2. Greys (KEXP)

Greys have made several appearances throughout this series’ run and touring on their recently-released Outer Heaven‘s allowing them even more opportunities to be featured. The band recently stopped by the KEXP studios for a full session that features songs from their past three releases, including their most recent work, Warm Shadow. As always, the band plays with a barely-contained energy, an incredible amount of tenacity, and a deep-seated passion that makes this another vital document of one of today’s most exciting acts.

3. Heliotropes – Primates (BreakThruRadio)

For a few years now, Heliotropes have been quietly carving out an impressive name for themselves, earning the respect of both critics and their peers. Creatively restless and endlessly intriguing, the band continues to impress with this BreakThruRadio performance of “Primates”. It’s a glimpse towards the future the band’s angling towards and it’s impossibly tantalizing. One of their finest songs to date, “Primates” keys in on the band’s wiriest post-punk tendencies and sporadically cuts them to shreds. If this is indicative of the rest of the band’s forthcoming material, start bracing for something genuinely explosive.

4. The Coathangers (KEXP)

The second KEXP session of this installment features The Coathangers, who have been touring hard behind their excellent Nosebleed Weekend. Celebrating both that record and the 20th anniversary of the label that released the record, Suicide Squeeze, finds the band in exceptionally high spirits. All of that culminated in an unshakable, infectious joy that drives this session, making it both immediately accessible and surprisingly memorable. The trio remains in fine form throughout the session, playing with ramshackle glee while maintaining an impressively tight grasp on the songs, creating what could be considered a definitive portrait.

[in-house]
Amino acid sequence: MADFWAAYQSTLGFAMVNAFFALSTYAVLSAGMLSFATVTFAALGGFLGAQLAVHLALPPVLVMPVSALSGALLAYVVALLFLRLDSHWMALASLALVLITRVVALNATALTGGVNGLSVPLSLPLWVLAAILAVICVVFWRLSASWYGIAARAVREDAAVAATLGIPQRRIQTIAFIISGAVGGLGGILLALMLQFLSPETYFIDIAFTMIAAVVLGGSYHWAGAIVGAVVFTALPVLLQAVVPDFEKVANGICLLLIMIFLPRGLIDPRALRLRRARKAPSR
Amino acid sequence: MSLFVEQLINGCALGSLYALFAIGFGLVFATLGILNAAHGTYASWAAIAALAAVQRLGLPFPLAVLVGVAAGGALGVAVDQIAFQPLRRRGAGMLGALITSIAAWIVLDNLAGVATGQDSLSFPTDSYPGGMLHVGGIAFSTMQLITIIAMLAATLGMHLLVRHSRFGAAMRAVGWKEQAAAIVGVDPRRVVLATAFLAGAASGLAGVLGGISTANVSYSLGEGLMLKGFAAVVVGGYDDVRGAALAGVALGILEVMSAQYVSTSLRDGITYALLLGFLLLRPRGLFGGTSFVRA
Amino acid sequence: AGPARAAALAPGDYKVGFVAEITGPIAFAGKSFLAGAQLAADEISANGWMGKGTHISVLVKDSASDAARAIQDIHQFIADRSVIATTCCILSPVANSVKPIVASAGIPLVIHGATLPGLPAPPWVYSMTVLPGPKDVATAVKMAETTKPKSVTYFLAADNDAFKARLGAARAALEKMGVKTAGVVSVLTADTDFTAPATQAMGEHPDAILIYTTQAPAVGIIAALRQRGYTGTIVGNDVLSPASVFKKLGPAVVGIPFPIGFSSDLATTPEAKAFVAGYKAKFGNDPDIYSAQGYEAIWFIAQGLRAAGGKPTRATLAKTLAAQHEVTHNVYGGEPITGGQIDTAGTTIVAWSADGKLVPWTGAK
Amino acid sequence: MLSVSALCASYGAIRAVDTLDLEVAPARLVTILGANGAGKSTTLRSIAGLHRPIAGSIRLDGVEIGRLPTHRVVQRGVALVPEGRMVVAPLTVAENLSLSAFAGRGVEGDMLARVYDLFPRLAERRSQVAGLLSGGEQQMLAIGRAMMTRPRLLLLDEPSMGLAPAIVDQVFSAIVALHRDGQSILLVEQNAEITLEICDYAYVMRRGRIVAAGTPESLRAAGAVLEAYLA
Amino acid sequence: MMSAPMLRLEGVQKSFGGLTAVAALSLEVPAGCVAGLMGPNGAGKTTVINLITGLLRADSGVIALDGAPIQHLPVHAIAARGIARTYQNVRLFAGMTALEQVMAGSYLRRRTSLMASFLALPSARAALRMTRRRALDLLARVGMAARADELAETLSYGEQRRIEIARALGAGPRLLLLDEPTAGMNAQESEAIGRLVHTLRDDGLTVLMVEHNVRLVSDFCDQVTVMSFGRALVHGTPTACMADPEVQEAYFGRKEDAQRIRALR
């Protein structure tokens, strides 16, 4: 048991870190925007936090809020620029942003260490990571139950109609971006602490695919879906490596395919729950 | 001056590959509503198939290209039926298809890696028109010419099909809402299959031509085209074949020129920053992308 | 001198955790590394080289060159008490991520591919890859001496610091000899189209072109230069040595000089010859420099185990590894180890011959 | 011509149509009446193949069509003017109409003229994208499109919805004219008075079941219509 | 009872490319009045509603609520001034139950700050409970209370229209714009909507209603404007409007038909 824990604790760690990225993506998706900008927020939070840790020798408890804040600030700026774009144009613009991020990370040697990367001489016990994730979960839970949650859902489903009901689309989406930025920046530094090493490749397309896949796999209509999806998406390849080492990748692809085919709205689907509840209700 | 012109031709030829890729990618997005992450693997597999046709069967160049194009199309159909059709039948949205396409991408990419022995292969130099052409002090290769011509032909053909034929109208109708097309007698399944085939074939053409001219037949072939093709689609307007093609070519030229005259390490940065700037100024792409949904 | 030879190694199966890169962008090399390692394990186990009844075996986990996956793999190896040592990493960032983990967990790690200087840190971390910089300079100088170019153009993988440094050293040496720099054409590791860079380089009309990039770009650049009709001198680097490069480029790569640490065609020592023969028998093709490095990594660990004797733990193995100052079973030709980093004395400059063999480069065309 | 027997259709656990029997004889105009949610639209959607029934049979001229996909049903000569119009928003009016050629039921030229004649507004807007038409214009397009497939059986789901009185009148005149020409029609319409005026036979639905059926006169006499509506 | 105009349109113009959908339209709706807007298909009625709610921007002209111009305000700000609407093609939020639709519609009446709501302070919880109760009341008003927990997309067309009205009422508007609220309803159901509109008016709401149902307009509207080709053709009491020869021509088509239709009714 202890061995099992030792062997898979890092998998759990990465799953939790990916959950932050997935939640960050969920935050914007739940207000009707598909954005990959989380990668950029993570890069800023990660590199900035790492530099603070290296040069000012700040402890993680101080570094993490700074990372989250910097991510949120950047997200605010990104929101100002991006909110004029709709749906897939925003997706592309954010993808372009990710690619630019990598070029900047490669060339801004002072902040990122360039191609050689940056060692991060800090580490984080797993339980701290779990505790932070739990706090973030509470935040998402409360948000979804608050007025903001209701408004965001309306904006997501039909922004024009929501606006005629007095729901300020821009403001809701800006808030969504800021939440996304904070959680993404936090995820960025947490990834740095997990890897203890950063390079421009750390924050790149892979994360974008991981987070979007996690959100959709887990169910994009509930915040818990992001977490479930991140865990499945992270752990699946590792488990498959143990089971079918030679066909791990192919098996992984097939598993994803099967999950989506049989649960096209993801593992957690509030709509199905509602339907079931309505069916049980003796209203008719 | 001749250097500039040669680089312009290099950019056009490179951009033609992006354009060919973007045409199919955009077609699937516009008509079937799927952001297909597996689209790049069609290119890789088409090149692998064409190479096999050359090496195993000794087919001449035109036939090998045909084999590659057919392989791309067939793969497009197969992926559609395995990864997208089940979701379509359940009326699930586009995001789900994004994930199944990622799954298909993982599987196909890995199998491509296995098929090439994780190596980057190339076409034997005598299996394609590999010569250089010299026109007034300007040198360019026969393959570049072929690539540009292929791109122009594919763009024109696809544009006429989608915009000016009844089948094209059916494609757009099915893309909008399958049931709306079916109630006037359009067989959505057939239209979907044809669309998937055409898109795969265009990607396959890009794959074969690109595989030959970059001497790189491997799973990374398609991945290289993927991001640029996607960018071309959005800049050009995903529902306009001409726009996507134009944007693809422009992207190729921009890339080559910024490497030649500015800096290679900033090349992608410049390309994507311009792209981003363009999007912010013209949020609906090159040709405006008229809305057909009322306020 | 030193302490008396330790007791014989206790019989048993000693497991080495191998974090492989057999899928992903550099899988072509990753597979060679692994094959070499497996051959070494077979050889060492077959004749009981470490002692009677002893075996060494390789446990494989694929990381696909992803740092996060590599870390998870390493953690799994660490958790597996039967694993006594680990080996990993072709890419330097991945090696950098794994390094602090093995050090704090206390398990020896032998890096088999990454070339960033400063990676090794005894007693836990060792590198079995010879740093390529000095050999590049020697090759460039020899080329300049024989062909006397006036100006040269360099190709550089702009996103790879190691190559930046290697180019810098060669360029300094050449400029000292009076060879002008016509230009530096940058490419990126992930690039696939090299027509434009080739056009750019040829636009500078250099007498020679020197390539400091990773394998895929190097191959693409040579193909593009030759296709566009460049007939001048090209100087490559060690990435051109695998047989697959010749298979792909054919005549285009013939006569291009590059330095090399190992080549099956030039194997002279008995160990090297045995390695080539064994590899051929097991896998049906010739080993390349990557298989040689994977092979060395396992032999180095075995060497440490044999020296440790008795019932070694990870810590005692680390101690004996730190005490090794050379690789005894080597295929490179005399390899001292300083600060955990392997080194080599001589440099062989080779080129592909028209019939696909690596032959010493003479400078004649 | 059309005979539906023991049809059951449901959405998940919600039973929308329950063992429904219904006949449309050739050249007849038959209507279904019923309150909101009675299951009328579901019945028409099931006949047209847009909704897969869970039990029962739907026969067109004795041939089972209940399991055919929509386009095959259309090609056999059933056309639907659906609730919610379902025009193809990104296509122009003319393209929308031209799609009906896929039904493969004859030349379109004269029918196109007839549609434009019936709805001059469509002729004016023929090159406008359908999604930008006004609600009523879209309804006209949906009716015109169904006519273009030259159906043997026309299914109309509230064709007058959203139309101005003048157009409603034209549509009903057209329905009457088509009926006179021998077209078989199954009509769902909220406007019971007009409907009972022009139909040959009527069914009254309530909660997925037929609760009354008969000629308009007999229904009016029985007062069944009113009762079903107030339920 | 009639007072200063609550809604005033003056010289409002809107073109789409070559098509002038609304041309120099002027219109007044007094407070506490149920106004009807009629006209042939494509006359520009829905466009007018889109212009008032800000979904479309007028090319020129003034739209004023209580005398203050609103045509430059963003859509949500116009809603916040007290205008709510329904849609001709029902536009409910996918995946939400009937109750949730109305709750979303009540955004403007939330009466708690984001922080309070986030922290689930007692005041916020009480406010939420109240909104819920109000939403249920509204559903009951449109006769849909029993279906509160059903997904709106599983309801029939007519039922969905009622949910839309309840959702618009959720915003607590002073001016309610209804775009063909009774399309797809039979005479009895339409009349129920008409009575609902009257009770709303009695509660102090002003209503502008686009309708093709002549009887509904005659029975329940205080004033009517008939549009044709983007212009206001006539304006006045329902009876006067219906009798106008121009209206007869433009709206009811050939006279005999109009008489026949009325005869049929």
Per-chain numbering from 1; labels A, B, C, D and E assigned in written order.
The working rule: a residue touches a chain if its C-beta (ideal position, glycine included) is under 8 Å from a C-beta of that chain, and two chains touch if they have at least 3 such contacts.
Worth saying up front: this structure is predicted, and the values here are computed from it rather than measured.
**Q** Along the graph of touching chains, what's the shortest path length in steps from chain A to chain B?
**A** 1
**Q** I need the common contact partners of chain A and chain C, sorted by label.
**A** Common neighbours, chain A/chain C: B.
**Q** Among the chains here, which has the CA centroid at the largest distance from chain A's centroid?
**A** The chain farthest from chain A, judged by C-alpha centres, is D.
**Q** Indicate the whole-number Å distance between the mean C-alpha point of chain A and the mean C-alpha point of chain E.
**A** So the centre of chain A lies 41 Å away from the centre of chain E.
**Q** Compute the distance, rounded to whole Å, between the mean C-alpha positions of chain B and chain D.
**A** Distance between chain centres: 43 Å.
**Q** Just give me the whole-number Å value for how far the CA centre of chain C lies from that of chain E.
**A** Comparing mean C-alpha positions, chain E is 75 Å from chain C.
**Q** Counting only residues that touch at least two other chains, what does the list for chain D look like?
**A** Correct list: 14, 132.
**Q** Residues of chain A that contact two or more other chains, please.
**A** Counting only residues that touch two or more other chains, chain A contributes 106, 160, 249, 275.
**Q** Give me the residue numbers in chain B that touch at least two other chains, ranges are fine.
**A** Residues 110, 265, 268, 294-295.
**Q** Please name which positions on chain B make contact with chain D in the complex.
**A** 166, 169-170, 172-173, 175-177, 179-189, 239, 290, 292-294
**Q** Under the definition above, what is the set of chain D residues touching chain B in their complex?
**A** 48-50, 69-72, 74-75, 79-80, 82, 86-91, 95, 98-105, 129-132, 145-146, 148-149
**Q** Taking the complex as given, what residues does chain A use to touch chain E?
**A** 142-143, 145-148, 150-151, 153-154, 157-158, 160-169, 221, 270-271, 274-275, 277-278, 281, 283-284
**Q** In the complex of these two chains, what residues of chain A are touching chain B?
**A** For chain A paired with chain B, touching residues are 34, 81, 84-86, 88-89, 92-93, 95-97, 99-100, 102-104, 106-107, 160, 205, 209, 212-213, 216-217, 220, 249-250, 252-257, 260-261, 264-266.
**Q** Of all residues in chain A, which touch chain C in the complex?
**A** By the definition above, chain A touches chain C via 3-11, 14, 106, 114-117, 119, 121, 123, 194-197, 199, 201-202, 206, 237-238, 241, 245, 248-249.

5. Nick Cave & The Bad Seeds – Girl In Amber

After enduring unspeakable loss, Nick Cave allowed filmmaker Andrew Dominik into his creative process to create One More Time With Feeling, a documentary that follows both the creation of Skeleton Tree and Cave’s battle with grief in the wake of his youngest son’s tragic death. It’s excruciatingly heartrending from an outsider’s perspective and Dominik elegantly underscores how unthinkably difficult it’d be to be in that situation. In the third studio video to be released from the project, Cave continues to look completely lost and withdrawn, as if perpetually trying to wrestle his thoughts down.

“Girl In Amber” also expertly incorporates Dominik’s inspired direction and the technical wizardry that went into the 3D, black-and-white filming of One More Time With Feeling. The overall effect’s equal parts haunting and haunted, creating an unforgettable impression. This is a staggering work of bravery and artistry, each colliding with the other to produce something as singular as it is captivating. As the camera circles Cave, surveying his every movement and placing him at the center of swirling uncertainty, Cave repeats “don’t touch me” as the video cuts to black, providing one last breathtaking moment of a miniature masterpiece.

Watch This: Vol. 141

This past week was brimming with exceptional live clips from artists like Happy Diving, Puppy Problems, Wolf Parade, Eros and the Eschaton, Grape Whales, Islands, The Tallest Man On Earth, Matthew Logan Vasquez, Oscar, Villagers, Clique, July Talk, Lisa Hannigan, Whitney, Rogue Valley, Woven In, Mudhoney, Helms Alee, Aidan Knight, Waterstrider, and The Staves. While all of those are worth studying for both the central performances and the way those performances were captured, the five clips featured below managed to become standouts for excelling in those departments. From old favorites to new faces, from legitimate live music video entries to full sessions, from cathartic release to sorrowful introspection, there’s a lot to navigate in these selections. So, as always, sit up, lean in, adjust the settings, focus, block out any distractions, and Watch This.